The game: Enfield Town v. Canvey Island.
The ground: the Queen Elizabeth II Stadium.
The conditions: colder than the shady side of my ice cream maker.
It was a chill Tuesday night in North London, and I found myself back in Enfield – back at that art-deco beauty, the QEII. Though there was still no house piano player (a wildly unnecessary expense for a fan-owned club, on reflection), the pre-game atmosphere was very much positive for the visit of the ‘Gulls’ from Canvey Island; with a history of high scores and late winners in this fixture, with Town still in the running for a play-off spot and Canvey struggling badly, there was a strong sense of home anticipation in the ground.
The game began, and it was all Enfield. In the third minute, the effervescent Corey Whitely ghosted a perfect through ball to Tyler Campbell, but the latter had just strayed offside. In the fifth, after a thumping foul by Canvey defender Josh Banton on Campbell, a free kick from the left was very nearly turned in at the far post by Town’s Joe Stevens; he couldn’t quite latch on to the ball, however. Though both Jay Curran and Enoch Showunmi were showing glimpses of attacking promise for the away side – the former even skimming a free header past the post in the eighth minute, after a quick counter – Canvey were laboured in the midfield; Enfield seemed like the only side with a final ball. It was no surprise that the home team scored first, in the twelfth; after a good passing move had been ended by another foul out on the left, a precise free kick was taken down nicely by recent arrival Claudiu Vilcu, who then stroked a low shot into the back of the net.
Just as I was preparing to watch a comfortable Enfield victory, the Gulls turned the game on its head. Four minutes after the first goal, some nonchalant one twos between the Enfield defenders led to striker Showunmi stealing a loose pass; from just under twenty yards, he then fired an arrow of a shot past home keeper Nathan McDonald. The equaliser was definitely against the run of play, but the finish was sublime. The home side’s momentum was checked.
The next twenty five minutes were more level; even though Town continued to shade the play, Canvey put themselves about, Showunmi especially; regularly dropping back to help the midfield out with his physicality, he caused Enfield all sorts of problems. Still, Town had almost all the chances. In the twenty-second minute, the home team nearly scored from a corner, captain Mark Kirby making a decent connection on the volley; this was pushed away by Gulls’ keeper Tim Brown, and eventually cleared. A minute later, a quickly-taken free kick gave Corey Whitely a chance to fire at goal from the right, but this was also saved. In the twenty-ninth, Whitely got a low shot away from a central position; Brown diverted this into the path of the onrushing Campbell, but the Town winger was just offside once more. The game then took on a to-and-fro character, both sides attacking without creating clear openings.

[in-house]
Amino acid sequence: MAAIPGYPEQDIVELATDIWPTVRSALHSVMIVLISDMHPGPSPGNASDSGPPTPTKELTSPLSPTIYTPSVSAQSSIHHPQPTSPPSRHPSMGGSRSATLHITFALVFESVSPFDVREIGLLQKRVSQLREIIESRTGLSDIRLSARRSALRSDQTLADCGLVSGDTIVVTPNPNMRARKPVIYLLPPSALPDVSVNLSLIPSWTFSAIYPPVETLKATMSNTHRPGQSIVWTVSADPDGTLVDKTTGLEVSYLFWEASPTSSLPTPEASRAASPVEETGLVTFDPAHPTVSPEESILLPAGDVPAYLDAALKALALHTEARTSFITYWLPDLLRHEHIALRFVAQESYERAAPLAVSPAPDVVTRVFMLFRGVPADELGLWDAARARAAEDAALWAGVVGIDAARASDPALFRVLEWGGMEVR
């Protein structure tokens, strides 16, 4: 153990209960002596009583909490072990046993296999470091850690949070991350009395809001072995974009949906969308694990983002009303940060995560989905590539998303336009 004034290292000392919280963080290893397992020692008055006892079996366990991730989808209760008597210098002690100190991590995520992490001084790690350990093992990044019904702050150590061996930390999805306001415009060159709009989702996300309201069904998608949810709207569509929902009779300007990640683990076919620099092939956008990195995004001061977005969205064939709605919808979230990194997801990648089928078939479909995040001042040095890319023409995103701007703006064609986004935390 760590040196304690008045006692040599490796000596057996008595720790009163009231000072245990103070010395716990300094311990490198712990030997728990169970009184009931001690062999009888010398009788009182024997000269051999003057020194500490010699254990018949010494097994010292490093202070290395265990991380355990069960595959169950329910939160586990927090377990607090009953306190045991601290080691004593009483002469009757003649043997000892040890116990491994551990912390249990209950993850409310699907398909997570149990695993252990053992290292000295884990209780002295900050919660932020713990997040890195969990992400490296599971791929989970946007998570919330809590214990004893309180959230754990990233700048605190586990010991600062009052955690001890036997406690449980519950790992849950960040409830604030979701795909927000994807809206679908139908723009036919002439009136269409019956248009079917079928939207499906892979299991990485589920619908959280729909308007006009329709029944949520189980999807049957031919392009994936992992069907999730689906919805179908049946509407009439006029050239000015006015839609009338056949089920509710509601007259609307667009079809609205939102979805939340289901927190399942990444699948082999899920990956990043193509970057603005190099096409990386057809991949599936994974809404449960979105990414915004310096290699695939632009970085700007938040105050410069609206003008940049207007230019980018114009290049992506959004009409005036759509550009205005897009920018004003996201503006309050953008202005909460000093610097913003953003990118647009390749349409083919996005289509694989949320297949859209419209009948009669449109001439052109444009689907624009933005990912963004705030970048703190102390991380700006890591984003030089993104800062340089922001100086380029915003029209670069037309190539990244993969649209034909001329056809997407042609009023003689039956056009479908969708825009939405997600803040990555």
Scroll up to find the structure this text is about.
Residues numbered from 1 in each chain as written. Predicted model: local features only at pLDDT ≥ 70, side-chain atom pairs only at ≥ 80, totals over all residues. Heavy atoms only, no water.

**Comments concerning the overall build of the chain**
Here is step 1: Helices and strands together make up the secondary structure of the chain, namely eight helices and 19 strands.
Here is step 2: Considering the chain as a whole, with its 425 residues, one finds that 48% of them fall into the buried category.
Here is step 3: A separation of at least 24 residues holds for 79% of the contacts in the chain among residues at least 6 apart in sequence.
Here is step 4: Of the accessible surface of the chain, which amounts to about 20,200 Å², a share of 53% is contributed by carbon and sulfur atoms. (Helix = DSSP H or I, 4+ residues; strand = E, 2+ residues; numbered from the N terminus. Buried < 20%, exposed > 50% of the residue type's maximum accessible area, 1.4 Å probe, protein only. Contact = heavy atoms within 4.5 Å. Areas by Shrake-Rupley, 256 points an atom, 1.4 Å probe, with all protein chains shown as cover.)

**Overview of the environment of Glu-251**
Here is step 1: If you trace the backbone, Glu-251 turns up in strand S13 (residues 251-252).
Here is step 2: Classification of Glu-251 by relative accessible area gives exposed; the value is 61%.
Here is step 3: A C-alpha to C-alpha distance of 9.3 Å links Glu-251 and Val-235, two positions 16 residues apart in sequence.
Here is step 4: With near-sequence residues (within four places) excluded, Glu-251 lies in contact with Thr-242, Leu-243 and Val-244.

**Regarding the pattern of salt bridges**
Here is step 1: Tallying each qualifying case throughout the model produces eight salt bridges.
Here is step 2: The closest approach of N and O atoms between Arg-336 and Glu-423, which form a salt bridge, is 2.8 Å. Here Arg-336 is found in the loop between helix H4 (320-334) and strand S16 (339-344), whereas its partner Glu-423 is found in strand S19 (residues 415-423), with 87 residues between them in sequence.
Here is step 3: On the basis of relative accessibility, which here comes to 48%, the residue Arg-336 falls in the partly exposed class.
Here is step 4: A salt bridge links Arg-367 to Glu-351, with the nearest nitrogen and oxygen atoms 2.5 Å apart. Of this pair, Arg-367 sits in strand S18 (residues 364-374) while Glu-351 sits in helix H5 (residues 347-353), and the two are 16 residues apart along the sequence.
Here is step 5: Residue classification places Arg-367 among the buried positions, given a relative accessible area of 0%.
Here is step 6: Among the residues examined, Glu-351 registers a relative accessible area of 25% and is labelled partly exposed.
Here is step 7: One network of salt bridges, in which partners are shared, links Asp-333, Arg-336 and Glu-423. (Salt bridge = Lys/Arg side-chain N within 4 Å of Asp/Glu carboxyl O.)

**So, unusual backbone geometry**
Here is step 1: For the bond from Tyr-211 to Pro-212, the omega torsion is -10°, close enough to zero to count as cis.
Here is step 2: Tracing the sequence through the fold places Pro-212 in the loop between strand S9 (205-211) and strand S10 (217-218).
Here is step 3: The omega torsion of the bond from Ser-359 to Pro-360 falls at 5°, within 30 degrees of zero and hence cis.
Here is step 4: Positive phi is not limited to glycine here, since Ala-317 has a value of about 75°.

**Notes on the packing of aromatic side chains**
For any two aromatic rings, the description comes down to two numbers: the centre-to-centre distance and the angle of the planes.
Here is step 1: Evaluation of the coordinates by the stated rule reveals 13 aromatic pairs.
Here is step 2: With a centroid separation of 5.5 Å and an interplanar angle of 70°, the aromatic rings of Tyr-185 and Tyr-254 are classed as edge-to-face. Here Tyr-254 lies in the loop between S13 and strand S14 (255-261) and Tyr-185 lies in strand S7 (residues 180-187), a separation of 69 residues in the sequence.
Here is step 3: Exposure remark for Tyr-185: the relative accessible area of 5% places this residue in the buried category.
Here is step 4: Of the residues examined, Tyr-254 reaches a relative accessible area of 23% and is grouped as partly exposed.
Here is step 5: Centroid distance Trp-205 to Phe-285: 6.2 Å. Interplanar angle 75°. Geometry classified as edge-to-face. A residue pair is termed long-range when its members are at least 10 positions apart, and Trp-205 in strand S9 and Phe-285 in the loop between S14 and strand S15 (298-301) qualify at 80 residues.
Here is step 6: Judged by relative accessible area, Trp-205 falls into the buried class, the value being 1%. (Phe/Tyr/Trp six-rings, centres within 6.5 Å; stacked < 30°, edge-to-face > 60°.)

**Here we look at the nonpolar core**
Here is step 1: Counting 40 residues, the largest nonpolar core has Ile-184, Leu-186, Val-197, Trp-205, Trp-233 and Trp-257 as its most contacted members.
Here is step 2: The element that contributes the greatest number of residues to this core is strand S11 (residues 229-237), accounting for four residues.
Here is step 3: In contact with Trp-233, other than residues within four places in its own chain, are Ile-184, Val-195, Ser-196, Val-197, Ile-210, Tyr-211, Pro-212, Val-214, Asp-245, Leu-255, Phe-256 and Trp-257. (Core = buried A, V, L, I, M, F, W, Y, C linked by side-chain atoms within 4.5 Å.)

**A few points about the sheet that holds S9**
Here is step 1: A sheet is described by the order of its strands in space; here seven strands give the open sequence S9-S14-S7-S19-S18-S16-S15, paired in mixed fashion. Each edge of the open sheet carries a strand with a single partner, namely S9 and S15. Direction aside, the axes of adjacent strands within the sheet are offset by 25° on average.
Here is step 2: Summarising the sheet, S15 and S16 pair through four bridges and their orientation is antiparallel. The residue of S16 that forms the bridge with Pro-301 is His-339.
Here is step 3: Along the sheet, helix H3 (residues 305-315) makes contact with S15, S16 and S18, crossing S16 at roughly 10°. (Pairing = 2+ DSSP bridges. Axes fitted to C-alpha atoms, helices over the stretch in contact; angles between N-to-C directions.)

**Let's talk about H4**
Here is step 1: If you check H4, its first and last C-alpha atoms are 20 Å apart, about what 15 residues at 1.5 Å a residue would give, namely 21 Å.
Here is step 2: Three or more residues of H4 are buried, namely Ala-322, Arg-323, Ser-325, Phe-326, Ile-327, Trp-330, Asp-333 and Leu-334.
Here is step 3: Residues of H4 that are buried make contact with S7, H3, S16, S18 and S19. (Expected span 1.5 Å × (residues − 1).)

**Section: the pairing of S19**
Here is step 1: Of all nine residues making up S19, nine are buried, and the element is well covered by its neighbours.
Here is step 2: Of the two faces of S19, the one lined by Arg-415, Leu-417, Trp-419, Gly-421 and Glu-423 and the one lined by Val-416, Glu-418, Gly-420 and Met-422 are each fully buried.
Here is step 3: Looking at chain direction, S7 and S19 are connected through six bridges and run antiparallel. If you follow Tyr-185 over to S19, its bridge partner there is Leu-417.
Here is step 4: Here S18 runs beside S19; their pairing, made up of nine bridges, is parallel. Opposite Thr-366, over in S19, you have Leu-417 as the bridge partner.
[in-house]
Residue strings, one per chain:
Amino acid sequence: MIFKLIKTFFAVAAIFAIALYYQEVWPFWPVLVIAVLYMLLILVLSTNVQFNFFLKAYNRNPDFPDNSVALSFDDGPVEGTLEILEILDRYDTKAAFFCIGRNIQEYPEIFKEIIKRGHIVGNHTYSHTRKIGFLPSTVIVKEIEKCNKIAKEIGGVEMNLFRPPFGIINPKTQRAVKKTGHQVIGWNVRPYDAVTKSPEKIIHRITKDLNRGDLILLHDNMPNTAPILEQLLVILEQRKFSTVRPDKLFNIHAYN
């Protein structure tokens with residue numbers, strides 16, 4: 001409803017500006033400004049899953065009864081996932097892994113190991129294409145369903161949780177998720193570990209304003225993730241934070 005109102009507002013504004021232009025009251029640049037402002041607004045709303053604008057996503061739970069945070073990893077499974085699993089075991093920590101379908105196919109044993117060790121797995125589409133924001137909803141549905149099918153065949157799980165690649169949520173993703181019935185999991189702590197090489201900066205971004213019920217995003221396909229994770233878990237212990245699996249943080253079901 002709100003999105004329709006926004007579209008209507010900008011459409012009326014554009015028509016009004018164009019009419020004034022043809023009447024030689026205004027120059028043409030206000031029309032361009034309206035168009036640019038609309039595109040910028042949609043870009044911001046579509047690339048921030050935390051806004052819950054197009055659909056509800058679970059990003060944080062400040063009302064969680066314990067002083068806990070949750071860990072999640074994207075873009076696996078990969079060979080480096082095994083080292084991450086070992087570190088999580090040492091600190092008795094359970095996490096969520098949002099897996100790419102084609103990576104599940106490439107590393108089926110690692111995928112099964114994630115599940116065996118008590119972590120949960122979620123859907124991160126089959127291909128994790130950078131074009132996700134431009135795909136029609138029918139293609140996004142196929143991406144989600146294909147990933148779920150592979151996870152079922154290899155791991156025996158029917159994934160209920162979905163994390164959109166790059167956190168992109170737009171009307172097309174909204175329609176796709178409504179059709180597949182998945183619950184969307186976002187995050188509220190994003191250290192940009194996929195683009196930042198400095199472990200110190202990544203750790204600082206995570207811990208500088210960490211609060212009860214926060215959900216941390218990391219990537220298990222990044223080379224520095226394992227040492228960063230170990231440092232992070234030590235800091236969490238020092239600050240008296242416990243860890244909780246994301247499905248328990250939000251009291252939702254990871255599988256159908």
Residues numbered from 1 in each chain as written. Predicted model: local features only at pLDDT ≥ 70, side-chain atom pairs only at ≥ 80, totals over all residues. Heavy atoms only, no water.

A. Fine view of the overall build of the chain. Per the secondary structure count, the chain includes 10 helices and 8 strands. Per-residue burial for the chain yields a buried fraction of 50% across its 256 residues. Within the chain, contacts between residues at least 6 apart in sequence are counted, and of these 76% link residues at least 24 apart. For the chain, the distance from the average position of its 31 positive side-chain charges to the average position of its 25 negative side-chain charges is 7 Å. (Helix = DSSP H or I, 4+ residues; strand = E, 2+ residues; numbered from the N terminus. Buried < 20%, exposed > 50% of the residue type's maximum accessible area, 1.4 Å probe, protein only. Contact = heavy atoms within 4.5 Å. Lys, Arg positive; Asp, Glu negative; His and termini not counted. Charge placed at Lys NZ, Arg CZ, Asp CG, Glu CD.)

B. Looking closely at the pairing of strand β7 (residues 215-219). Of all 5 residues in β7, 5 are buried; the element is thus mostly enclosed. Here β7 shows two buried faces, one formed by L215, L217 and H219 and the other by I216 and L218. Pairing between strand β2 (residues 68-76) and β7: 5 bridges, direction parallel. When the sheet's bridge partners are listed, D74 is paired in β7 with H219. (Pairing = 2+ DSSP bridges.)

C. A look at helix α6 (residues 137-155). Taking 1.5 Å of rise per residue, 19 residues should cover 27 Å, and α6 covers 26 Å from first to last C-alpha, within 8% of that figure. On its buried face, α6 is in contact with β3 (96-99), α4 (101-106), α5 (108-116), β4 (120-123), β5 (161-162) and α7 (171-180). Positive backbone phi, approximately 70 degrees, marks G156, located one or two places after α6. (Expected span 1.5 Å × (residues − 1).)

Showunmi continued to impress for Canvey, Whitely, Campbell and tough tackler Stanley Muguo for Enfield; the half seemed pretty much settled. Then, in the forty-fifth minute, the Gulls changed the game once more; an attack on the left saw a weighted cross fall right at the feet of Jay Curran, who tapped in to put the visitors ahead. As the referee played on for an inexplicable six minutes of additional time, the home side were heavily rocked by this; they had already let Canvey bear down on goal several times when, in the last additional minute, the ball broke for Curran to go one on one with McDonald; he could only put his shot wide of the Enfield post. It was a let off for Town, who could have gone from supremacy to a two-goal deficit in just over half an hour; as they trudged off the pitch and I reached for my pre-packed dinner of vegetable crisps, I wondered if they would be able to find a response.